On balconies, rooftops and front steps across India on Sunday, people came out to make noise in a show of support for medical workers and the emergency services – and in defiance of the global coronavirus pandemic.

With pots and pans, metal plates and shankha (horn-like conches used in Hindu prayer), families who had been observing a nationwide all-day curfew embraced the opportunity to take part in a kind of neighbourhood social interaction.

The five-minute ovation at 5pm was called for on Thursday in a national address by prime minister Narendra Modi, to “boost morale” of doctors and public workers and as a “salute [to] their service”.

As a result, it lacked the spontaneity of the musical performances on balconies that have gone viral across Europe in recent weeks.

But the Indian public appear to have made up for that with enthusiastic observance, as videos were posted on social media from across the country of entire communities taking part.

It came on Sunday as lockdown measures were extended across the country, with most train services now suspended and many major cities’ metro networks closing.

In Delhi and other major cities, restaurants and cafes were ordered to close in the past couple of days, following the shuttering of schools, cinemas, gyms and other public gatherings earlier on.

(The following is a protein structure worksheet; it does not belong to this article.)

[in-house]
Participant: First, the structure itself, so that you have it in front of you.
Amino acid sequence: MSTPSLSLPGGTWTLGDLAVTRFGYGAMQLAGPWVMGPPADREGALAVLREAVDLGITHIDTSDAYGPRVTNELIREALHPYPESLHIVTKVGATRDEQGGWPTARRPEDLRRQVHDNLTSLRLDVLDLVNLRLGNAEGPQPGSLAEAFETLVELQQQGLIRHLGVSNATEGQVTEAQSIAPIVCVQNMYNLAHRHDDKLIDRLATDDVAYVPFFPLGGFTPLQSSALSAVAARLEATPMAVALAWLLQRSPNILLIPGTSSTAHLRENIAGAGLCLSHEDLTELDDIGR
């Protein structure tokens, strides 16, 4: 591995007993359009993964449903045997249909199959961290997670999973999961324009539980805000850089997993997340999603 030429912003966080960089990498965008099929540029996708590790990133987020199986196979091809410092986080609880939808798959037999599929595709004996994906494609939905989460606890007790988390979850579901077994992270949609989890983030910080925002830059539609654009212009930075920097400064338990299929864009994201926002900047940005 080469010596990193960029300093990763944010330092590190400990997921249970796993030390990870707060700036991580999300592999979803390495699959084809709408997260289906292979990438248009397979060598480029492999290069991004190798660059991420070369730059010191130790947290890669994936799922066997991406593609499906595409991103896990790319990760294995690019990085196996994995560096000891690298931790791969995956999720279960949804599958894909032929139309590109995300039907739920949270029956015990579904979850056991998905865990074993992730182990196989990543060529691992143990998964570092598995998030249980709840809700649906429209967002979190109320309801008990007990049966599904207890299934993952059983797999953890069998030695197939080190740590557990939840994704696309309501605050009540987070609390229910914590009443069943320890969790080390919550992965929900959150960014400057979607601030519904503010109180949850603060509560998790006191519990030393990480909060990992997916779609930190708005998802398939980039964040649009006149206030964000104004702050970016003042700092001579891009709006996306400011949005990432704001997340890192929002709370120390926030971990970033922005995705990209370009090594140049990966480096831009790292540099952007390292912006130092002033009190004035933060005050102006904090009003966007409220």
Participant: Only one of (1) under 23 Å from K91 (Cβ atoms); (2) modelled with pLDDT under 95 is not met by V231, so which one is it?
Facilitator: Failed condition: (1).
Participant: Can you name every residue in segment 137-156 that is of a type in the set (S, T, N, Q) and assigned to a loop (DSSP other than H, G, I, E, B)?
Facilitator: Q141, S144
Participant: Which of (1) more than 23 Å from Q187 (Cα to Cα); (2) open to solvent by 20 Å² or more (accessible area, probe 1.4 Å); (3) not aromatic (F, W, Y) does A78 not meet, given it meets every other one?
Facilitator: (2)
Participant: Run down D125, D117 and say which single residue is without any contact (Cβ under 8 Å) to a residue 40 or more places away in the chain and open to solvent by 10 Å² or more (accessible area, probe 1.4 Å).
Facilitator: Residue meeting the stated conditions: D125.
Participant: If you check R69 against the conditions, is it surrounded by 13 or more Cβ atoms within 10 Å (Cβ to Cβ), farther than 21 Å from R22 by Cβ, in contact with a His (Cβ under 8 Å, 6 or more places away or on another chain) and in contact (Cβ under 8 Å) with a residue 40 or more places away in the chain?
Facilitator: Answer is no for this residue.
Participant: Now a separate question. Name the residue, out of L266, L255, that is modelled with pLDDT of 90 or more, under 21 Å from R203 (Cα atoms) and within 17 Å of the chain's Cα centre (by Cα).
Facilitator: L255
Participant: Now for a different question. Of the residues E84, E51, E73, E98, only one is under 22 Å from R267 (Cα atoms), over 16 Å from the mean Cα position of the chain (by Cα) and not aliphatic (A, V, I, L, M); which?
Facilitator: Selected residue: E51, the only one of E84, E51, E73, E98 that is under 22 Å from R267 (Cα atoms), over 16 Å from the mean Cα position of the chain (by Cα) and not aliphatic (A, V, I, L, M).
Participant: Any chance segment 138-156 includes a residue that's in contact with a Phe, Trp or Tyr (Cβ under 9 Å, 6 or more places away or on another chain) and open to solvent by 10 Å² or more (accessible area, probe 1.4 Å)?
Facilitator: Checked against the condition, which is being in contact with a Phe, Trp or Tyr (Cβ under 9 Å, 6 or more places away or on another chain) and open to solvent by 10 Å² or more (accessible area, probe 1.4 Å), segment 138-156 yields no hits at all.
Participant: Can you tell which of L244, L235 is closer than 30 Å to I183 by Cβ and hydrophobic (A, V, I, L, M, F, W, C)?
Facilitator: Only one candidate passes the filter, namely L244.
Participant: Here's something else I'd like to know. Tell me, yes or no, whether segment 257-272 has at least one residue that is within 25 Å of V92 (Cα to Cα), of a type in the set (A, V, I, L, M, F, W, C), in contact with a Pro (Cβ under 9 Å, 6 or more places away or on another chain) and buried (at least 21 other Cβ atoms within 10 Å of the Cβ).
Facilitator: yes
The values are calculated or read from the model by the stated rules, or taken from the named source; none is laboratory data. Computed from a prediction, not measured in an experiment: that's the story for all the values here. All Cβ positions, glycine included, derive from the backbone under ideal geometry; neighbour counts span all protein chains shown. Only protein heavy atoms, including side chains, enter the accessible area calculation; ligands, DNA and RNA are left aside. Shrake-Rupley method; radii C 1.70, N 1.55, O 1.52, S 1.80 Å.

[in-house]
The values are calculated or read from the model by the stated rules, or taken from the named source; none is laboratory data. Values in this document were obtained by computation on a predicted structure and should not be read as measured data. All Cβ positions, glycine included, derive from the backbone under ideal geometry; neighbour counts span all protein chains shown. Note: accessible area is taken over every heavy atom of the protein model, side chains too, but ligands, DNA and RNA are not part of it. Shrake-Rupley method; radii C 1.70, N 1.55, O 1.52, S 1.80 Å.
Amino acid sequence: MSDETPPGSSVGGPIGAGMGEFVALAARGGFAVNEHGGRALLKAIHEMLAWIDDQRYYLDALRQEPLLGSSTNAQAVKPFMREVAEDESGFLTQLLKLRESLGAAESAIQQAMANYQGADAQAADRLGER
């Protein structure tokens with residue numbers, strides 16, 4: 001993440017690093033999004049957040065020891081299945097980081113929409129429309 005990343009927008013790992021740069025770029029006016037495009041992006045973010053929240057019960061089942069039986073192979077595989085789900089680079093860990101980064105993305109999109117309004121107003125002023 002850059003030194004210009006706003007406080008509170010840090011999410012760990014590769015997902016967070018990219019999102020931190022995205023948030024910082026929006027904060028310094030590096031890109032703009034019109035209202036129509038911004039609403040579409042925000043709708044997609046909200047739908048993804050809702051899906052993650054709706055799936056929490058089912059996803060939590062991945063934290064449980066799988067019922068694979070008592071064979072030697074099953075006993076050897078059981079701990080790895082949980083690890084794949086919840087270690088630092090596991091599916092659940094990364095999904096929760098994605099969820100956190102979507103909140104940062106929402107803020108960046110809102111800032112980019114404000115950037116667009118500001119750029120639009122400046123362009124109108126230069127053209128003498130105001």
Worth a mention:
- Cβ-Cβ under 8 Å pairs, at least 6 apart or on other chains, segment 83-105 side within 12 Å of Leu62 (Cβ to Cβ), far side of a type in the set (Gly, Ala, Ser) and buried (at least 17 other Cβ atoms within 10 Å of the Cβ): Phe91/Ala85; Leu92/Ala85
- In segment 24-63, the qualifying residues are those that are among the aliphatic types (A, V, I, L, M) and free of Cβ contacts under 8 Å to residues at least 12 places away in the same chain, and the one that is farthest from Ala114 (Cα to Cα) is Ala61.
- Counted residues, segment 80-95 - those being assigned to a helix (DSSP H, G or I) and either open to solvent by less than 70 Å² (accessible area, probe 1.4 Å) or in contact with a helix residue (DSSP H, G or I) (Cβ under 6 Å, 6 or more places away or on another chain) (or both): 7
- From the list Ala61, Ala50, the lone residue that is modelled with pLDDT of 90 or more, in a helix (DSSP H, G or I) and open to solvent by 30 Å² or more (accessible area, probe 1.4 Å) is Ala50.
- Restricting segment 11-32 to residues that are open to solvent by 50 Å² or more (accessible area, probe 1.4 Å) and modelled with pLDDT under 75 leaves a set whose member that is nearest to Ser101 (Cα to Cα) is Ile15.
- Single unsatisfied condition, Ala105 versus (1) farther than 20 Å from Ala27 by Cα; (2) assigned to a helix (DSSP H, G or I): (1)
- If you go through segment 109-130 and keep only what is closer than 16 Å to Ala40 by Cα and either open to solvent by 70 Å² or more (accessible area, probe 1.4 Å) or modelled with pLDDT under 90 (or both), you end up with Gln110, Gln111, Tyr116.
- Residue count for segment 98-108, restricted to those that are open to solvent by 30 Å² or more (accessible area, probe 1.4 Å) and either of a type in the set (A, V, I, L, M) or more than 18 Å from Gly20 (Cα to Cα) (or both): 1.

India was also one of the first countries to implement extensive foreign travel restrictions, which on Sunday was extended to a total ban on the arrival of all international commercial passenger jets.

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Officially, India’s coronavirus caseload rose to 370 today, with seven deaths. But the country’s testing has been limited and, particularly given the extensive measures taken by the government, experts say it should be assumed the true count of infections is already well into the tens of thousands.



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